In 2005, RAND used a dynamic mathematical model of fighter pilot absorption capacity (the process of turning a new pilot into an “experienced” one) to show that attempting to achieve the established fighter-pilot production goals with the projected aircraft inventory would severely impair the ability of fighter units to maintain combat capability and provide the training necessary to produce experienced pilots (pp. 42–45). Units would have more personnel than they were authorized for the number of aircraft they had; inexperienced pilots would not be able to fly the number of sorties they needed to each month; and new fighter pilots would complete their first three-year tours without receiving the experience they needed for follow-on flying assignments or staff tours (p. 45).
These results, along with the recognition that other policy changes would affect the health of fighter units, led to the establishment of theTransformational Aircrew Management Initiatives for the 21st Century (TAMI 21) working group in October 2006. Its goal was to find solutions to various aircrew management problems and present them to senior leadership. The RAND dynamic model enabled rapid analysis of the consequences of policy solutions that the TAMI 21 group discussed.
The group’s primary conclusion was that the flow of new pilots into fighter units must be reduced to a level at which units could absorb them—about 200 new fighter pilots per year. Using RAND modeling, the group also showed, however, that the Air Force could still maintain an inventory of personnel with the desired pilot skills (and satisfy emerging UAS requirements) if it implemented several policy initiatives (pp. 52–67).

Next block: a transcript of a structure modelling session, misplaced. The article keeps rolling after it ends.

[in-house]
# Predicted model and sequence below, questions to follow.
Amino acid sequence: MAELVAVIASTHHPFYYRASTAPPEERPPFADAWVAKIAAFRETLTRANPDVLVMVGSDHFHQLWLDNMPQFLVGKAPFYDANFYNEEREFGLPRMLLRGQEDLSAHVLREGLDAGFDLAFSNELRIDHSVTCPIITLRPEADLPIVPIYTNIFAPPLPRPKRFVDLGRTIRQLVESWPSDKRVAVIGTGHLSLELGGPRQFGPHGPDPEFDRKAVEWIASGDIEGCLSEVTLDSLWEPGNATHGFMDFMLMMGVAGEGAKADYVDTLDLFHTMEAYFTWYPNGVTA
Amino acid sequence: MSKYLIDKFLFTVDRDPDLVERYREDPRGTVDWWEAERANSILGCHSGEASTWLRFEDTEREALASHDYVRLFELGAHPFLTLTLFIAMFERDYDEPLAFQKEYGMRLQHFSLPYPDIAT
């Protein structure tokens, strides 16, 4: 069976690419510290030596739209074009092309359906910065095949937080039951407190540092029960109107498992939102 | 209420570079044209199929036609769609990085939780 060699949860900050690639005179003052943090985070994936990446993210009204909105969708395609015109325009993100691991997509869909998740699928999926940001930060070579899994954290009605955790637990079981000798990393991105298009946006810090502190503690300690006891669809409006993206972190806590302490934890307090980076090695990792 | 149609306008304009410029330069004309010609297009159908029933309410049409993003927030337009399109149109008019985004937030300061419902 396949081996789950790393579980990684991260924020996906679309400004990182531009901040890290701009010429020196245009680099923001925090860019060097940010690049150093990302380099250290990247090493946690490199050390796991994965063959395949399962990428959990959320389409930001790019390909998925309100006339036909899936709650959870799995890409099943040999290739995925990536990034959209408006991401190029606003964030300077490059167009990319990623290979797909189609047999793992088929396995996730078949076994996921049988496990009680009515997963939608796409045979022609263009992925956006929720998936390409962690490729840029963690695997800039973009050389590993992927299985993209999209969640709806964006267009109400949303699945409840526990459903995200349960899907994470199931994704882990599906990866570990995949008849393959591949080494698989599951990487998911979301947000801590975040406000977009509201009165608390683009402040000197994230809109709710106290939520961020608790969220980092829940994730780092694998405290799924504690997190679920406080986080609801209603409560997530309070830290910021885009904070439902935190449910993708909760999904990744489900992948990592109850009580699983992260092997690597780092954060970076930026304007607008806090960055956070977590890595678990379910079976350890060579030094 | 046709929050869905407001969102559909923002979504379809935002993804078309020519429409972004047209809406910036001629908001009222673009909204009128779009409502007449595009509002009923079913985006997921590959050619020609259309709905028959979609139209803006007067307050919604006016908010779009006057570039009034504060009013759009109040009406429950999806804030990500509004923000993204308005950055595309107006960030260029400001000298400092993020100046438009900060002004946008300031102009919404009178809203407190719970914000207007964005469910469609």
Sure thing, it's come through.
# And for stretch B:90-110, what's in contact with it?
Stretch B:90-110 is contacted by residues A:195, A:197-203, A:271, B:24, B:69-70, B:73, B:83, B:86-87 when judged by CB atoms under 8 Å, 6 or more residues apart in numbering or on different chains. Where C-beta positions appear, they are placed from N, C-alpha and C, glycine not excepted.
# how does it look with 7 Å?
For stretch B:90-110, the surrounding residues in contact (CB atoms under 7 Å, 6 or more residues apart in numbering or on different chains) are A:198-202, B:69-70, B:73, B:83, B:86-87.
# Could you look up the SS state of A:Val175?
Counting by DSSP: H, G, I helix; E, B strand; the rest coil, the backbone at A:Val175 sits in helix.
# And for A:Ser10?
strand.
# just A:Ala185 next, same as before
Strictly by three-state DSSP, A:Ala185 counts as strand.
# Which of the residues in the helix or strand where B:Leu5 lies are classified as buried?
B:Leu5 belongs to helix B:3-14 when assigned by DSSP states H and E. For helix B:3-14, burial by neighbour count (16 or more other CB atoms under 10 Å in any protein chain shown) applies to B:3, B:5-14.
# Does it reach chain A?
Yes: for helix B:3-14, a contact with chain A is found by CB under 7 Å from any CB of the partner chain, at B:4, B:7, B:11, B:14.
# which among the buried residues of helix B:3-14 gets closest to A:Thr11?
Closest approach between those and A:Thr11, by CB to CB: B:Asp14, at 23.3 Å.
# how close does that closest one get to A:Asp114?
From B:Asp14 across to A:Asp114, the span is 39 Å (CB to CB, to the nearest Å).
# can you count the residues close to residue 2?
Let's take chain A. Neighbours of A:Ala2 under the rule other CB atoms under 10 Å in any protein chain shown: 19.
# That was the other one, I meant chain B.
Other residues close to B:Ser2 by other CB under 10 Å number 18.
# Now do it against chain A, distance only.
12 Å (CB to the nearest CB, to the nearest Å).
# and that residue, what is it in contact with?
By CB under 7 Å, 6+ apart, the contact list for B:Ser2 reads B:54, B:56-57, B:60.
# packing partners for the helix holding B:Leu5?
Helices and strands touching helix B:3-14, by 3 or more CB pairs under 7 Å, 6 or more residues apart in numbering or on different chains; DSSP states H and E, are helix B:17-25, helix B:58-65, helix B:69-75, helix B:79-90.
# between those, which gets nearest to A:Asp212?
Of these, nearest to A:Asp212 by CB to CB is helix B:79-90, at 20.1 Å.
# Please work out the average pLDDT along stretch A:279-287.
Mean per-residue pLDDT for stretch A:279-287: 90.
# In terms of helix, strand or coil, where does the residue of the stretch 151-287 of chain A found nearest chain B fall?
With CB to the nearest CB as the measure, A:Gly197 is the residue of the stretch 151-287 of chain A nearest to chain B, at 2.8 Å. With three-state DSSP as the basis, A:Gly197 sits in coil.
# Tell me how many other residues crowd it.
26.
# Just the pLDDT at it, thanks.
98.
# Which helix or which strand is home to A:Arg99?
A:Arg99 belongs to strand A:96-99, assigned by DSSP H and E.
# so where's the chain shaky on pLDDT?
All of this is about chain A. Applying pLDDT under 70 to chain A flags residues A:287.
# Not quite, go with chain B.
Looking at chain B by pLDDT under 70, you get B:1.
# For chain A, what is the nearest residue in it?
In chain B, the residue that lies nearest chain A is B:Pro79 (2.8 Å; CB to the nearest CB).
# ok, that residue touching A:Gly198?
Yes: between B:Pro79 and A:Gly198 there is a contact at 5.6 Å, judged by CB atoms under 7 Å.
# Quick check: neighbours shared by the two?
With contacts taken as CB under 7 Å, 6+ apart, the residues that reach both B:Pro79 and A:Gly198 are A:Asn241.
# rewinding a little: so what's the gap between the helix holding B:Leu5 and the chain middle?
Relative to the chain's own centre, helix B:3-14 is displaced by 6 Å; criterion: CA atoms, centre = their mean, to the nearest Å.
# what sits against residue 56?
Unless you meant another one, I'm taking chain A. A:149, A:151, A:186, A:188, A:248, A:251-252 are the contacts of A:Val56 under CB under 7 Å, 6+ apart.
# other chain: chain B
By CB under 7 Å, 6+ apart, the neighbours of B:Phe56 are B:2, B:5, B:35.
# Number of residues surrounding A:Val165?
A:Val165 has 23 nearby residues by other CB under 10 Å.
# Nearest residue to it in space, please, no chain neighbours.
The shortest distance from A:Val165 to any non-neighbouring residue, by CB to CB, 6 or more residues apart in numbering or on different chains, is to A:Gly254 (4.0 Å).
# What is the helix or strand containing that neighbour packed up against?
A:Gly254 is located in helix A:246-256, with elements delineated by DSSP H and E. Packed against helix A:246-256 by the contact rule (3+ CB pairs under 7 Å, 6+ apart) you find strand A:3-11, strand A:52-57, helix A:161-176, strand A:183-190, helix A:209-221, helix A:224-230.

After a four-star level aircrew management conference in March 2007, the Air Force implemented a much-revised version of the TAMI 21 recommendations. The most important decision was an attempt to simultaneously meet increased demands for UAS pilots and decrease the overmanning of fighter units by transferring a limited number of inexperienced pilots from fighter units to UAS aircraft before they had completed their first three-year tour. Unfortunately, RAND modeling showed that, while this decision led to short-term improvements in F-16 and F-15C fighter units, it would still be necessary to make long-term reductions in the flow of new pilots into these units to keep them from becoming “broken” by 2013.2 Using the dynamic model, RAND was able to define one option for pilot-production reductions that would allow the F-15C and F-16 units to remain healthy through 2016 (pp. 72–76).
As 2008 came to a close, the Air Force faced a large increase in the demand for UAS operators: An April 2008 document shows the demand increasing from 458 in FY 2008 to 1,060 by FY 2013 (p. 67). Emerging air operations center and numbered air force staff requirements could increase pilot requirements by another 1,000 (Carney, 2008)—and this while some major command staffs are already able to fill fewer than 75 percent of their rated staff billets. At the same time,